Recap: “Civilians & the Laws of War: The Case of Civil War Missouri,” w/ LSU Prof. Aaron Sheehan-Dean
Though the French Revolution is typically designated as such, LSU Professor and Chair of History Aaron Sheehan-Dean opened his November 21 lecture at the Center for Missouri Studies with the competing claim that the Civil War was instead the “first popular war,” primarily because it was being fought by two democracies, if two highly imperfect one. As a result, he noted, it was likewise the ideal test case for the question at the heart of his recent Harvard University Press book, The Calculus of Violence: How do democratic societies determine how to manage wars democratically; how, that is, do they establish democratic boundaries for and impose these boundaries on lethal violence?
Missouri, he explained, was central to this inquiry because it was a bloody staging ground of sorts for a related and perhaps even more fundamental question: Who must be acknowledged as a soldier in, and thus be subject to the laws of, war? This question was, on the one hand, particularly relevant to Black men, who the Confederacy categorically didn’t acknowledge as soldiers. Especially after the Emancipation Proclamation, and especially in border or divided states like Missouri, Kentucky, and Tennessee, this led to a surge of savage violence directed at Black troops. Also of acute interest in Missouri was the case of the Confederacy’s irregular or guerrilla soldiers: those bands of men who organized independently, who wore no uniforms and had no chain of command, and whose indifference to the laws of just war introduced a system of barbarity on Missouri’s western border. As Prof. Sheehan-Dean showed, the Union’s difficulty in determining how to deal with these combatants would lead to one of the most notable escalations of violence in the history of the Civil War.
Initially, the Union tried non-lethal, primarily monetary and confiscatory means for curbing guerrilla violence, but on balance, these strategies failed (a problem compounded throughout the region by inexperienced Provost Marshals’ trouble with even identifying irregulars in the first place). They then turned to taking hostage known or presumed supporters, but when the roof of a Kansas City women’s prison collapsed, killing the wives, sisters, and children of many guerrilla fighters, the issue reached a new nadir. In retaliation, Quantrill’s Raiders stormed Lawrence, KS, burning huge swaths of the city and executing 150 men and boys. The response was swift and brutal. Figures like military theorist Francis Lieber declared—for some, re-affirmed—that guerrillas were not public enemies and were thus not owed the privileges due prisoners of war (i.e., they could be killed if caught). More dramatically, the U.S. government issued General Order No. 11, which held that residents of four Missouri border counties must either take a loyalty oath and re-locate to a Union military outpost or face forcible displacement from their homes. This introduced unprecedent wartime consequences for white, non-combatant civilians. Some, as George Caleb Bingham’s General Order No. 11 depicts, were killed in the course of the Order’s execution, while others perished from disease or exposure after being cast, shelter-less, onto the western plains.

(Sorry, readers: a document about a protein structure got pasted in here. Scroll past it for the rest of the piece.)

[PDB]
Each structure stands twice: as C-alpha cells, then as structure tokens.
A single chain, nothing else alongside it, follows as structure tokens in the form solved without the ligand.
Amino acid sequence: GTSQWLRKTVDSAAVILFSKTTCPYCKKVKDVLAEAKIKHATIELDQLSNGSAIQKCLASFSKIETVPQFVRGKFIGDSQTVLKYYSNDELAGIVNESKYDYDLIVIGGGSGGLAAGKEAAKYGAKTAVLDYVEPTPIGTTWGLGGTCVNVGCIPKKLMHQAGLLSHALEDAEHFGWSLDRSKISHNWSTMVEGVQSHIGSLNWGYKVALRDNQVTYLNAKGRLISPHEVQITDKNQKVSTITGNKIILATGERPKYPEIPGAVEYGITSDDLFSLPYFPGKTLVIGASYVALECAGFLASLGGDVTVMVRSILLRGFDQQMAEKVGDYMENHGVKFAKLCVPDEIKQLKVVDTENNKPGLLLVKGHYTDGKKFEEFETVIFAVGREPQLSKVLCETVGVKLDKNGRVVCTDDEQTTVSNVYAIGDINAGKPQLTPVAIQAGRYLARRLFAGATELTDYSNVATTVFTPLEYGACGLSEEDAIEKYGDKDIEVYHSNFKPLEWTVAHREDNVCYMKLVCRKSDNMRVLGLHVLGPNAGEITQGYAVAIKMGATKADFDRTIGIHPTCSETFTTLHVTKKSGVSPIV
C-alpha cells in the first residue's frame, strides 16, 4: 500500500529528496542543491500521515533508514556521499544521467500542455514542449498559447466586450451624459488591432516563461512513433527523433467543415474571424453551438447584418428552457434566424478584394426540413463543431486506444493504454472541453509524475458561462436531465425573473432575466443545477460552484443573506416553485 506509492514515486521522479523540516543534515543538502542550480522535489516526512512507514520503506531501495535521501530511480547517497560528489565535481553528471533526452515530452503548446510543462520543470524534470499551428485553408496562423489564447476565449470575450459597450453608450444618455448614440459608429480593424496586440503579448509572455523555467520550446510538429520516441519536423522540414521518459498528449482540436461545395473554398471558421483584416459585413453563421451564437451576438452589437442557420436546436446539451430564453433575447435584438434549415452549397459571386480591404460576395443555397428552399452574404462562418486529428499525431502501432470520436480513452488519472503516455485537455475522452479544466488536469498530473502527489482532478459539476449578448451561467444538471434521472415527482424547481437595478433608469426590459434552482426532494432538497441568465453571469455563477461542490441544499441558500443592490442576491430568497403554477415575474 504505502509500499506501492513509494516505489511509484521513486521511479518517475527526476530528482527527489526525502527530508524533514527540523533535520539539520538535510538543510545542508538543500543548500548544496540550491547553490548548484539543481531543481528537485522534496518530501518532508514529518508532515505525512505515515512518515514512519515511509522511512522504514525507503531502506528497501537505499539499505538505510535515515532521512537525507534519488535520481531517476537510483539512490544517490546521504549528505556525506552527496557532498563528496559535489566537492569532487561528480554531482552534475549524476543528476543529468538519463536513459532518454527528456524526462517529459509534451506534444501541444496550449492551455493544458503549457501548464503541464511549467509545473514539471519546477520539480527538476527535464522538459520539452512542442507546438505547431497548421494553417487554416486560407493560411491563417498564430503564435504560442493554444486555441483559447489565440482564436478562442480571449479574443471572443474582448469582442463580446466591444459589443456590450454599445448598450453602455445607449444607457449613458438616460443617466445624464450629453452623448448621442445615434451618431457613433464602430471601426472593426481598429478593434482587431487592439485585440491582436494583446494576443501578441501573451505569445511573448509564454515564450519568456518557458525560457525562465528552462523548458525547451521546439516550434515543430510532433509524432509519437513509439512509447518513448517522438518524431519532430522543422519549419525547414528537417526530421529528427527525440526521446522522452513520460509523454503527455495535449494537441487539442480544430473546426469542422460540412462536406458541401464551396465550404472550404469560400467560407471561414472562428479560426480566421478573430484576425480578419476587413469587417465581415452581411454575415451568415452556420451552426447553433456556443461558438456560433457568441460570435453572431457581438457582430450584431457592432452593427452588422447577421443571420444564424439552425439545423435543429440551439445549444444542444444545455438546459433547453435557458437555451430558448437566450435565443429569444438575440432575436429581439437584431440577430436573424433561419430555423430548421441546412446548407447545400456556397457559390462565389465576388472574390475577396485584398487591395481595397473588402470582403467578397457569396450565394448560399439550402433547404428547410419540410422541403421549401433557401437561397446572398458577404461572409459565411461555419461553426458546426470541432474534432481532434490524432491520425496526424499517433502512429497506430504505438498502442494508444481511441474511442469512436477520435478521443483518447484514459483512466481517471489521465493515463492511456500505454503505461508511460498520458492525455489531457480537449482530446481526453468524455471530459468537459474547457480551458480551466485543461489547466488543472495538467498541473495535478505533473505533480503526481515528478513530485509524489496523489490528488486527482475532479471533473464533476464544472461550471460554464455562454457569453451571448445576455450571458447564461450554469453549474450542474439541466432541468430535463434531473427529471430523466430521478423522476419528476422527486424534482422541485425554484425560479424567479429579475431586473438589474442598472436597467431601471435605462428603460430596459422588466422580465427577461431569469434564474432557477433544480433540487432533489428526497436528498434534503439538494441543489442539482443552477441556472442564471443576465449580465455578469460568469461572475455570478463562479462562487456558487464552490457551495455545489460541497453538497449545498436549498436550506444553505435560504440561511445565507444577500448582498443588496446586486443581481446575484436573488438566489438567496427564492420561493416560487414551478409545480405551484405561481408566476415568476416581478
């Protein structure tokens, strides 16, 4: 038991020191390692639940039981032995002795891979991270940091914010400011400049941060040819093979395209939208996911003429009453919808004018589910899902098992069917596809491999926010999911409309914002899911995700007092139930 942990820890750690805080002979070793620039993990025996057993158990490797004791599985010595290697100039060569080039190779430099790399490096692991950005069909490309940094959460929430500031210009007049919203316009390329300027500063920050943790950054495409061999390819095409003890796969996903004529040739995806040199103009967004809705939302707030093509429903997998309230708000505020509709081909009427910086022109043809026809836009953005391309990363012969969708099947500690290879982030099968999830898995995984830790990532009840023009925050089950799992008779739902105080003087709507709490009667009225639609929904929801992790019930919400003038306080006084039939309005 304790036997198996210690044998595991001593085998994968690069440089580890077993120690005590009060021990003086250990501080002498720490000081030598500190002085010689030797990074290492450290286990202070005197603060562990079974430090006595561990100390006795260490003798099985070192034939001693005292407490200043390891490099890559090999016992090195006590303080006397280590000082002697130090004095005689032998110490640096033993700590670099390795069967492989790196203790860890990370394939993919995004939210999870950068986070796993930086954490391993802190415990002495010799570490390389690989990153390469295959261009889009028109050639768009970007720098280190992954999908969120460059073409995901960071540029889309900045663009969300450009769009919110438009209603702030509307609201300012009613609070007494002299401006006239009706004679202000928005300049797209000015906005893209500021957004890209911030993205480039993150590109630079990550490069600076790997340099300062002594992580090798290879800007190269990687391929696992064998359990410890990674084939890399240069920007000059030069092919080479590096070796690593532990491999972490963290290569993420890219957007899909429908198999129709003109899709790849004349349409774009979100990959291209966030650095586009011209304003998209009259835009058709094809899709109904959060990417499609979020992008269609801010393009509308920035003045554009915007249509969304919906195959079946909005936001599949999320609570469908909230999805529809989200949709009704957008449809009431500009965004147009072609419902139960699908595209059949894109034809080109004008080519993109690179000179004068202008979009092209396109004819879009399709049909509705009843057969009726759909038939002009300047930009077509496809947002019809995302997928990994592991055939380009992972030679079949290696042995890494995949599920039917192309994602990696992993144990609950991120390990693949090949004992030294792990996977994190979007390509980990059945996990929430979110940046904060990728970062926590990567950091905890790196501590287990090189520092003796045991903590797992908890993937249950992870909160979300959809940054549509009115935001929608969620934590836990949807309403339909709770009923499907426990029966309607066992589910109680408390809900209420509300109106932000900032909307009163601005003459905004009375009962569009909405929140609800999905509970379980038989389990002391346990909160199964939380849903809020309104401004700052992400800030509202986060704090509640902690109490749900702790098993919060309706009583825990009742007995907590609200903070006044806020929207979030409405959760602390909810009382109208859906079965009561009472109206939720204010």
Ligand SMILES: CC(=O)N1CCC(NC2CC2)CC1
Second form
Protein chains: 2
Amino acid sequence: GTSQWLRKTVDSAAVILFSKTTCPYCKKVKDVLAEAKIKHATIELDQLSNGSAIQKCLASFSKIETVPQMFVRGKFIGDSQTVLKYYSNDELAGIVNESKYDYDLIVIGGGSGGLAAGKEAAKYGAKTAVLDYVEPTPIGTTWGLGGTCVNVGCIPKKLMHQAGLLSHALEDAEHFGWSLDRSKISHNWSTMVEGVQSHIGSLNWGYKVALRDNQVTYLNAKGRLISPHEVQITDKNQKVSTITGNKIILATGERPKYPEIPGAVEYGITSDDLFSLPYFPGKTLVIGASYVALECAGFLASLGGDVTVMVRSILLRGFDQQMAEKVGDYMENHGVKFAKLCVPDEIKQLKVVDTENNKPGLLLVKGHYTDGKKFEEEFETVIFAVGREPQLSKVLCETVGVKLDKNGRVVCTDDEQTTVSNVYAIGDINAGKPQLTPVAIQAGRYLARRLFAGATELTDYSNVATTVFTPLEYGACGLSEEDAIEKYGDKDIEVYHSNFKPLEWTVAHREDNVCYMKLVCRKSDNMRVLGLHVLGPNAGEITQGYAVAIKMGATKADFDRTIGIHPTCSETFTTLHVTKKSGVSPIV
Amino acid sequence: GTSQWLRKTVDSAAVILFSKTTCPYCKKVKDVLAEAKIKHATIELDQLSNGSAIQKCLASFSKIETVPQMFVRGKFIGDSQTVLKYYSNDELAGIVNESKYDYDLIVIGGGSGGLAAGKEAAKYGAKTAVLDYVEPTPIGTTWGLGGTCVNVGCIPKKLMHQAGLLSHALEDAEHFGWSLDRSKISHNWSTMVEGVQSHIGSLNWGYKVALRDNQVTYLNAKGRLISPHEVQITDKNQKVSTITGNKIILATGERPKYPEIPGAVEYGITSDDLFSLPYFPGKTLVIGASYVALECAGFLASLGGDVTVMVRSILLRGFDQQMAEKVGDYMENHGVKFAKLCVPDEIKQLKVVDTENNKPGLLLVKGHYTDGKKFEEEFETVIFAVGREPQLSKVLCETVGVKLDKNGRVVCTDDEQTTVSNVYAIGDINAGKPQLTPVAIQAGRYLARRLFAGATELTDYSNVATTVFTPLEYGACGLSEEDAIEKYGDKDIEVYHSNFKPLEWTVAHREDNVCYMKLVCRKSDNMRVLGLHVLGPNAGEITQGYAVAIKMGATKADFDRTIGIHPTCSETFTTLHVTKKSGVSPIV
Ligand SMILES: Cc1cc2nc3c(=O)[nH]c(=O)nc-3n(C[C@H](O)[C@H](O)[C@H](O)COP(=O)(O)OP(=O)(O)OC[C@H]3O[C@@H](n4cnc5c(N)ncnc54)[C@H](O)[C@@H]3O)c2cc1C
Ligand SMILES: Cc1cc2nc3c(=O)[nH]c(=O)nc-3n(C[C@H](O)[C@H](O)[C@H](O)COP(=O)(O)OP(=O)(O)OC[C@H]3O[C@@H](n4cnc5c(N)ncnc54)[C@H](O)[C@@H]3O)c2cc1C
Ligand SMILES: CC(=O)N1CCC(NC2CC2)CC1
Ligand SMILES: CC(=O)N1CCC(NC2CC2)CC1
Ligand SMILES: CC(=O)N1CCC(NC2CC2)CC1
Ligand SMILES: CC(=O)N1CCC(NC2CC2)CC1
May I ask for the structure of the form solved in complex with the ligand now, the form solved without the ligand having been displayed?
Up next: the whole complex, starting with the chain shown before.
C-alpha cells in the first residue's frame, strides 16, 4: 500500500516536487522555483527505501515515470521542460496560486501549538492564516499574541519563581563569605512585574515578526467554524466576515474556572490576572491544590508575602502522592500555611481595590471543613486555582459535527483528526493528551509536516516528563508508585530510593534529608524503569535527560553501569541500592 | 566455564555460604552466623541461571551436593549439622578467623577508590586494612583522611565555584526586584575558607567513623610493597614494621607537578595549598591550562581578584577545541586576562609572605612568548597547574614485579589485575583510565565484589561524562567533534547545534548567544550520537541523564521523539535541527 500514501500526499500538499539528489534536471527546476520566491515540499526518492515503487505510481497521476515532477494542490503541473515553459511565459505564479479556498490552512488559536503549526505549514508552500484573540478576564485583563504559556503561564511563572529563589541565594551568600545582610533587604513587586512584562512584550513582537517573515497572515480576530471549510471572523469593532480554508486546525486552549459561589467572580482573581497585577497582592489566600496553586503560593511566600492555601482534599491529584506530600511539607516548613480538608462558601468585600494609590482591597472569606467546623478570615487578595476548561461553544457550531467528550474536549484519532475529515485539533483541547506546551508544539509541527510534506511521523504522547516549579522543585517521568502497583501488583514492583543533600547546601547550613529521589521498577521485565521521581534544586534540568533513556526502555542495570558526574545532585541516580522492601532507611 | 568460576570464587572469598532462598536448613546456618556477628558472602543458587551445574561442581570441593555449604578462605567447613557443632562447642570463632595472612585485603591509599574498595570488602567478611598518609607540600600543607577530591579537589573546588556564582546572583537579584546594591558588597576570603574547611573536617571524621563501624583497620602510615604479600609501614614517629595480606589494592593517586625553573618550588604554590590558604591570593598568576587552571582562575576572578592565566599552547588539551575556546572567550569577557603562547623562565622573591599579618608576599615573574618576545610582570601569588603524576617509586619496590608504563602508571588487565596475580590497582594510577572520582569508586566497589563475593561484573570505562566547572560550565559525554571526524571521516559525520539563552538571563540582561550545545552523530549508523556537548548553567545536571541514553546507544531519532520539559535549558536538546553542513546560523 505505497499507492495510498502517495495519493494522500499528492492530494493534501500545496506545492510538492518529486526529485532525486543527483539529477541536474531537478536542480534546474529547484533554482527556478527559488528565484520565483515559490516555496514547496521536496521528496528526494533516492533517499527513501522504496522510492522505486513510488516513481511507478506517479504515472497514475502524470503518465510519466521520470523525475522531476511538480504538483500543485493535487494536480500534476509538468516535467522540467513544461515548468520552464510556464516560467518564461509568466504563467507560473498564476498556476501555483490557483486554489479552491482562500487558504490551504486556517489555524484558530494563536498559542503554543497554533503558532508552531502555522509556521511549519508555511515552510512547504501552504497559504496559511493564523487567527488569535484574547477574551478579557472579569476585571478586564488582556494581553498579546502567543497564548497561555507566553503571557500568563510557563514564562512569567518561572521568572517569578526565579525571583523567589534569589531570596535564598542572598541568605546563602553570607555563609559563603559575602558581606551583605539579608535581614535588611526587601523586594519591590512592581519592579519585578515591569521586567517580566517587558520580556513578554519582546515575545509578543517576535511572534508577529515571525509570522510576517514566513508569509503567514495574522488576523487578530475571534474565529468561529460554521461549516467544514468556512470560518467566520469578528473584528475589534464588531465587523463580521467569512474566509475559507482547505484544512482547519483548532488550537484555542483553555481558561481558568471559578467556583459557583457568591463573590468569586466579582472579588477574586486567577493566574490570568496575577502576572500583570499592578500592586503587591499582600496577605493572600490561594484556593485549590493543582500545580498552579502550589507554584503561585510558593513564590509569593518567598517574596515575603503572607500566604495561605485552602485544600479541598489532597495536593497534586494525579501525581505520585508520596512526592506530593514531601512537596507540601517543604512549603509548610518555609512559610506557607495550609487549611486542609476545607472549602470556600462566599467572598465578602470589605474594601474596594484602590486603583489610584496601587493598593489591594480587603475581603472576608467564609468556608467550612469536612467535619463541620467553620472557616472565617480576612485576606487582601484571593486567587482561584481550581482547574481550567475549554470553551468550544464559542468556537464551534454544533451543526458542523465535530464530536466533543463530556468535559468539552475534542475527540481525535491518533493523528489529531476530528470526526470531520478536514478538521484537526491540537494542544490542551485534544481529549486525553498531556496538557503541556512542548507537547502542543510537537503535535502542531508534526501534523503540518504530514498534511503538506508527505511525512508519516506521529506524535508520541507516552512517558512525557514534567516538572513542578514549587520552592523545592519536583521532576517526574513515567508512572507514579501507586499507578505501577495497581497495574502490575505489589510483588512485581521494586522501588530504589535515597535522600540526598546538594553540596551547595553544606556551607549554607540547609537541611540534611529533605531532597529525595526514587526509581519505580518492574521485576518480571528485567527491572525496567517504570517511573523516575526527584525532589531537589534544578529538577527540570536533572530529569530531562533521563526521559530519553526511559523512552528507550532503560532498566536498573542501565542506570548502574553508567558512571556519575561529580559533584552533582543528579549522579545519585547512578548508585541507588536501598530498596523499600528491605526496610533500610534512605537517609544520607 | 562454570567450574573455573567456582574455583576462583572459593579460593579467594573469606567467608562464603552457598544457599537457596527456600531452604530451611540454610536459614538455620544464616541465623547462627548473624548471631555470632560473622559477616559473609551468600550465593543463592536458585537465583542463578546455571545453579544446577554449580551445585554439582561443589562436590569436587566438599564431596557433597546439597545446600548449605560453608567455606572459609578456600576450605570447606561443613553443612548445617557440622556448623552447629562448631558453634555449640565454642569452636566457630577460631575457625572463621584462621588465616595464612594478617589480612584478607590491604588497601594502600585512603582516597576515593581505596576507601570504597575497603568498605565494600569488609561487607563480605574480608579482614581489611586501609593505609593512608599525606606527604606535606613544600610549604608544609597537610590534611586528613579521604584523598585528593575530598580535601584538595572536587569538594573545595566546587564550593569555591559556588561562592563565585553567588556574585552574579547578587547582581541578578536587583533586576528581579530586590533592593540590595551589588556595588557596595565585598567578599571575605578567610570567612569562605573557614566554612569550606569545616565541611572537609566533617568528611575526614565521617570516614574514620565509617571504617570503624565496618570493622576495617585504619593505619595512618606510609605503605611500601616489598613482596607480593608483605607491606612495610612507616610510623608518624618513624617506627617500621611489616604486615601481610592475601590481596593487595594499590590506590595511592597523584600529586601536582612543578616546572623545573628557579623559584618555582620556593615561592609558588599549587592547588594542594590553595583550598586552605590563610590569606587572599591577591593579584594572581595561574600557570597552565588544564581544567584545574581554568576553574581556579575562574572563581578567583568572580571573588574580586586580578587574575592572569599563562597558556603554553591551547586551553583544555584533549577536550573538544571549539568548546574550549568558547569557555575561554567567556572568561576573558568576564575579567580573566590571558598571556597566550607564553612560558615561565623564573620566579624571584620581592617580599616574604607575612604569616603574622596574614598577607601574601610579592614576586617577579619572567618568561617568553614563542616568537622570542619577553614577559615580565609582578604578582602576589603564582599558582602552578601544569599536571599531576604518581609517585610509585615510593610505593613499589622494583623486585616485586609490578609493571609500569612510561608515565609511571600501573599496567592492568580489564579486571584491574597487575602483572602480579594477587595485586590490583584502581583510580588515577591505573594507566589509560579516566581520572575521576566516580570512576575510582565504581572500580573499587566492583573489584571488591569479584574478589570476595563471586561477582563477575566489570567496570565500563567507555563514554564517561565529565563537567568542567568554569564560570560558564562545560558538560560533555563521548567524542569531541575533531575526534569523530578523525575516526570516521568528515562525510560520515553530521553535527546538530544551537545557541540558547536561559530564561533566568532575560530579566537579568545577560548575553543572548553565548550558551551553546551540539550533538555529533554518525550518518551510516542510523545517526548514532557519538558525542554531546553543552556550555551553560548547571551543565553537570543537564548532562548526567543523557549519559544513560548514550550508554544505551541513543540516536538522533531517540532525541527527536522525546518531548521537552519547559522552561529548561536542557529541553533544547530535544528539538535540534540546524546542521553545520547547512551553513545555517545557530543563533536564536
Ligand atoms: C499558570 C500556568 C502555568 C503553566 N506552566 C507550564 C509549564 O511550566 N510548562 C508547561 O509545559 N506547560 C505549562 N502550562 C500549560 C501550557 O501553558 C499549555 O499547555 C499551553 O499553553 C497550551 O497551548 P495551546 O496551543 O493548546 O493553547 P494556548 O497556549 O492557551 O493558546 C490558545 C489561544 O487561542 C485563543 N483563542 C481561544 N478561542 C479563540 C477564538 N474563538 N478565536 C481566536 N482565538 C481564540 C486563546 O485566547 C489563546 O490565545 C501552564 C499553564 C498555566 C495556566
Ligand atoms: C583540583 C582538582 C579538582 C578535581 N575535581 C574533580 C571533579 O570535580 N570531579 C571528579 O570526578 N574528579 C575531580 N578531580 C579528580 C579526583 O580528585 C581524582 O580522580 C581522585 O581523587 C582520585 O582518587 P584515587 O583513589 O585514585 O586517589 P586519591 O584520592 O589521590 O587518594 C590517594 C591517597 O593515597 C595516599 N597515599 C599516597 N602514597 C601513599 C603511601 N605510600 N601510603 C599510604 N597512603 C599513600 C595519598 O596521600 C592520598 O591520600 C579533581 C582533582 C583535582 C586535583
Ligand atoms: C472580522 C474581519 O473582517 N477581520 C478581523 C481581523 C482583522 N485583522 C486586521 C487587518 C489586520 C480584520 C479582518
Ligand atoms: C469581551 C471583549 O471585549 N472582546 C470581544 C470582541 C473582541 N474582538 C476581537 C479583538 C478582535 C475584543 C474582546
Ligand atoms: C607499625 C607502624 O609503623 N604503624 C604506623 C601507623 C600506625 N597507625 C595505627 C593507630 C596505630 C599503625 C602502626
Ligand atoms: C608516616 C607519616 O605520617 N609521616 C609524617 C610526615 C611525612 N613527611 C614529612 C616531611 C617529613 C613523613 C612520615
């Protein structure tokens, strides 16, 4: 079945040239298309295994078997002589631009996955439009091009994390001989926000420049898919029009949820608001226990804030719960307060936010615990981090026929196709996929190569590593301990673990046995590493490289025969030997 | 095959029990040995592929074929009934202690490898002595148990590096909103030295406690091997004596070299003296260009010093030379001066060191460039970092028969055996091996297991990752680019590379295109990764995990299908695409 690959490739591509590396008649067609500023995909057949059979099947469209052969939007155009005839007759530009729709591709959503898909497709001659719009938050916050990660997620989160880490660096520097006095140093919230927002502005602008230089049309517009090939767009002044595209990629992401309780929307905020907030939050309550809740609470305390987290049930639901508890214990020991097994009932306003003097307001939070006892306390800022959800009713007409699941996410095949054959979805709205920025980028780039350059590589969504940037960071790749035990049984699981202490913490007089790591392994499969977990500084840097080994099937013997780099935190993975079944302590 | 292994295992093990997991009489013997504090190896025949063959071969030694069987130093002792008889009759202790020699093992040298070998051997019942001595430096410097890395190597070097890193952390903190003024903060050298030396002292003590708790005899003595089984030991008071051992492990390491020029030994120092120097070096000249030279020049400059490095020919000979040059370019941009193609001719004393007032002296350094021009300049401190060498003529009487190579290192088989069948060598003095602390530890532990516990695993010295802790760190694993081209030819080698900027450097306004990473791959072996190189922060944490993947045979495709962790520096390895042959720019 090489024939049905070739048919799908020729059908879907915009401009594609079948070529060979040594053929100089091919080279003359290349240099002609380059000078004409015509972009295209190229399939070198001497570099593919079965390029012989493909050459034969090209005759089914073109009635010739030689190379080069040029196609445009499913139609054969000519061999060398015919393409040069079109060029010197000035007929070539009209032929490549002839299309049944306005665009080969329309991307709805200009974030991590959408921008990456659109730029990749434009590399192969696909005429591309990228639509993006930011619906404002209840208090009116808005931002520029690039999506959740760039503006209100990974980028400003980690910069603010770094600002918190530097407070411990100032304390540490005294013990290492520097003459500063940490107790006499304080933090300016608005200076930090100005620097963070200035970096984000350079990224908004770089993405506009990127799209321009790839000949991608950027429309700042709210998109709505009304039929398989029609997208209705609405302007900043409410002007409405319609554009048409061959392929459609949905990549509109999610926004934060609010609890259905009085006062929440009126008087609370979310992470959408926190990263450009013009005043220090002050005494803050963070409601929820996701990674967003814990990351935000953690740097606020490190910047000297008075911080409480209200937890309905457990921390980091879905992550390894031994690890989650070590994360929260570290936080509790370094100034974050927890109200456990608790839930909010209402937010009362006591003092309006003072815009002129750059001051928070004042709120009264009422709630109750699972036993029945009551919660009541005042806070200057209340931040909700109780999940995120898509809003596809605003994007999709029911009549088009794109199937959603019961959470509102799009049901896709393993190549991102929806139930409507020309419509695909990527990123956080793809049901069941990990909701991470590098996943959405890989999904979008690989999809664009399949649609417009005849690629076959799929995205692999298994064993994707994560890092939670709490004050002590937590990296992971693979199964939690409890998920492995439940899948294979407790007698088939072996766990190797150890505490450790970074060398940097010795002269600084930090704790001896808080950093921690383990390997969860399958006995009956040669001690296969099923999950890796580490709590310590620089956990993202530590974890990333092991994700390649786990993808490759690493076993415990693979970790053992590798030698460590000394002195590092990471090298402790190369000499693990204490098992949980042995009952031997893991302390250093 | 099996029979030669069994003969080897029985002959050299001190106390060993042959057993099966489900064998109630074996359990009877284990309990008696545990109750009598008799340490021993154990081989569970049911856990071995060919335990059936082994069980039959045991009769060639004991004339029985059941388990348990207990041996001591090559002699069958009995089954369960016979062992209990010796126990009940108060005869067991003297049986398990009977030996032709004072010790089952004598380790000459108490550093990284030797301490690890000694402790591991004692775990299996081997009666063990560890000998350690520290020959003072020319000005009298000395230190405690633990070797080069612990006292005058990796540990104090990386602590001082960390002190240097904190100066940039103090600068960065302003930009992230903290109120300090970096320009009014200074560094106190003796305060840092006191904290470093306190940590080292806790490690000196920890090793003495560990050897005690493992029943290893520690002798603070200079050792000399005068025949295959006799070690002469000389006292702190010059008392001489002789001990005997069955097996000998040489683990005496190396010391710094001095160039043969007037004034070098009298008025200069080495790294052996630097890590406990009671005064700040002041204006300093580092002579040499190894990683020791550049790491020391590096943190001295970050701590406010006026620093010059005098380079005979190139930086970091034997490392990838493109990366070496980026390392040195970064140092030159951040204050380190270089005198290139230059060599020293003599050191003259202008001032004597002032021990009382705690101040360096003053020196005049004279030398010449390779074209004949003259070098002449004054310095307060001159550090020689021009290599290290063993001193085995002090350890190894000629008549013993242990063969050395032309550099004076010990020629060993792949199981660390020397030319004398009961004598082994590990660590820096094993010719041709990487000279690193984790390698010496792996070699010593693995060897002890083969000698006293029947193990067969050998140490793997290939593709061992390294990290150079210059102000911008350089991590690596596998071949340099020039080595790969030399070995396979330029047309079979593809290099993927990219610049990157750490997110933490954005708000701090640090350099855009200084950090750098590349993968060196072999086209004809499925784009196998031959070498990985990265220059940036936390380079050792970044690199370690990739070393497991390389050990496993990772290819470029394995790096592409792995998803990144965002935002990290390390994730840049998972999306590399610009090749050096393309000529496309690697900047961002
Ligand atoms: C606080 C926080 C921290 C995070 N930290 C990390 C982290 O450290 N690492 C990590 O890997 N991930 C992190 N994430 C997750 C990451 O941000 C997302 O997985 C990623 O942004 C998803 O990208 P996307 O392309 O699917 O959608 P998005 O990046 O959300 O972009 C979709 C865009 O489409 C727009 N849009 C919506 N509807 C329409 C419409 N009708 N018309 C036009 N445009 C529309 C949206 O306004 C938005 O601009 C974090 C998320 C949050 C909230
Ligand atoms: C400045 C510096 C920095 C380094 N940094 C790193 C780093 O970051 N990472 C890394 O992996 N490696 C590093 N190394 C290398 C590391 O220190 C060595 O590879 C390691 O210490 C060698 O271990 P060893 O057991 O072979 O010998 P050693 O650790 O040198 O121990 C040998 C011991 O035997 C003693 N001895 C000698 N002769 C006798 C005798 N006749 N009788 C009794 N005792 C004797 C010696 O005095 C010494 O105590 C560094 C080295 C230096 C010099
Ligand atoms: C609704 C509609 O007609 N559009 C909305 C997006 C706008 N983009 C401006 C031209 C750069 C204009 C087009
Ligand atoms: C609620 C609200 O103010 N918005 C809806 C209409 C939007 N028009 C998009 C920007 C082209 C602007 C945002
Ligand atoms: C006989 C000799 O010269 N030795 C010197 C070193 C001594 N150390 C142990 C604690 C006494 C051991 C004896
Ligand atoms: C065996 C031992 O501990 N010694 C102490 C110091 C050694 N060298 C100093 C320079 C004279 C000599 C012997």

These are, to be sure, grim histories, but as Prof. Sheehan-Dean underscored in the second half of his talk, for as bloody as the Civil War was, it was also, somewhat paradoxically, restrained in its savagery. In some respects, the boundaries placed on violence were pragmatic; for both the North and South, courting European support meant fighting the war with European decorum. That said, there were certainly moments of willing de-escalation. For example, not only did James Anderson blow the whistle to Jefferson Davis about the inhumane conditions at the Andersonville POW camp; even after Harper’s published horrifying images of Andersonville POWs, Northern citizens’ calls for ruthless counter-action were quelled by Union leaders. Similarly, broad commitment to the rules of right retaliation—that enemy violations of the laws of war should be balanced but not exceeded—helped ensure that retaliatory cycles were hemmed in, versus exponential, trajectories of vengeance.
Prof. Sheehan-Dean closed by citing what he saw as the two most powerful forces curtailing Civil War violence. One was Lincoln’s insistence on managing the war with the ultimate goal of re-unification in mind (and thus an implied imperative to not embitter Southerners via excessive force). Even more significant than this, though, was the fact that, in spite of a claim to righteous violence, formerly enslaved people pursued freedom over revenge, fleeing en masse to Union lines rather than bearing out slaveholders’, and even some cabinet members’, racist prophesy of a second Haiti.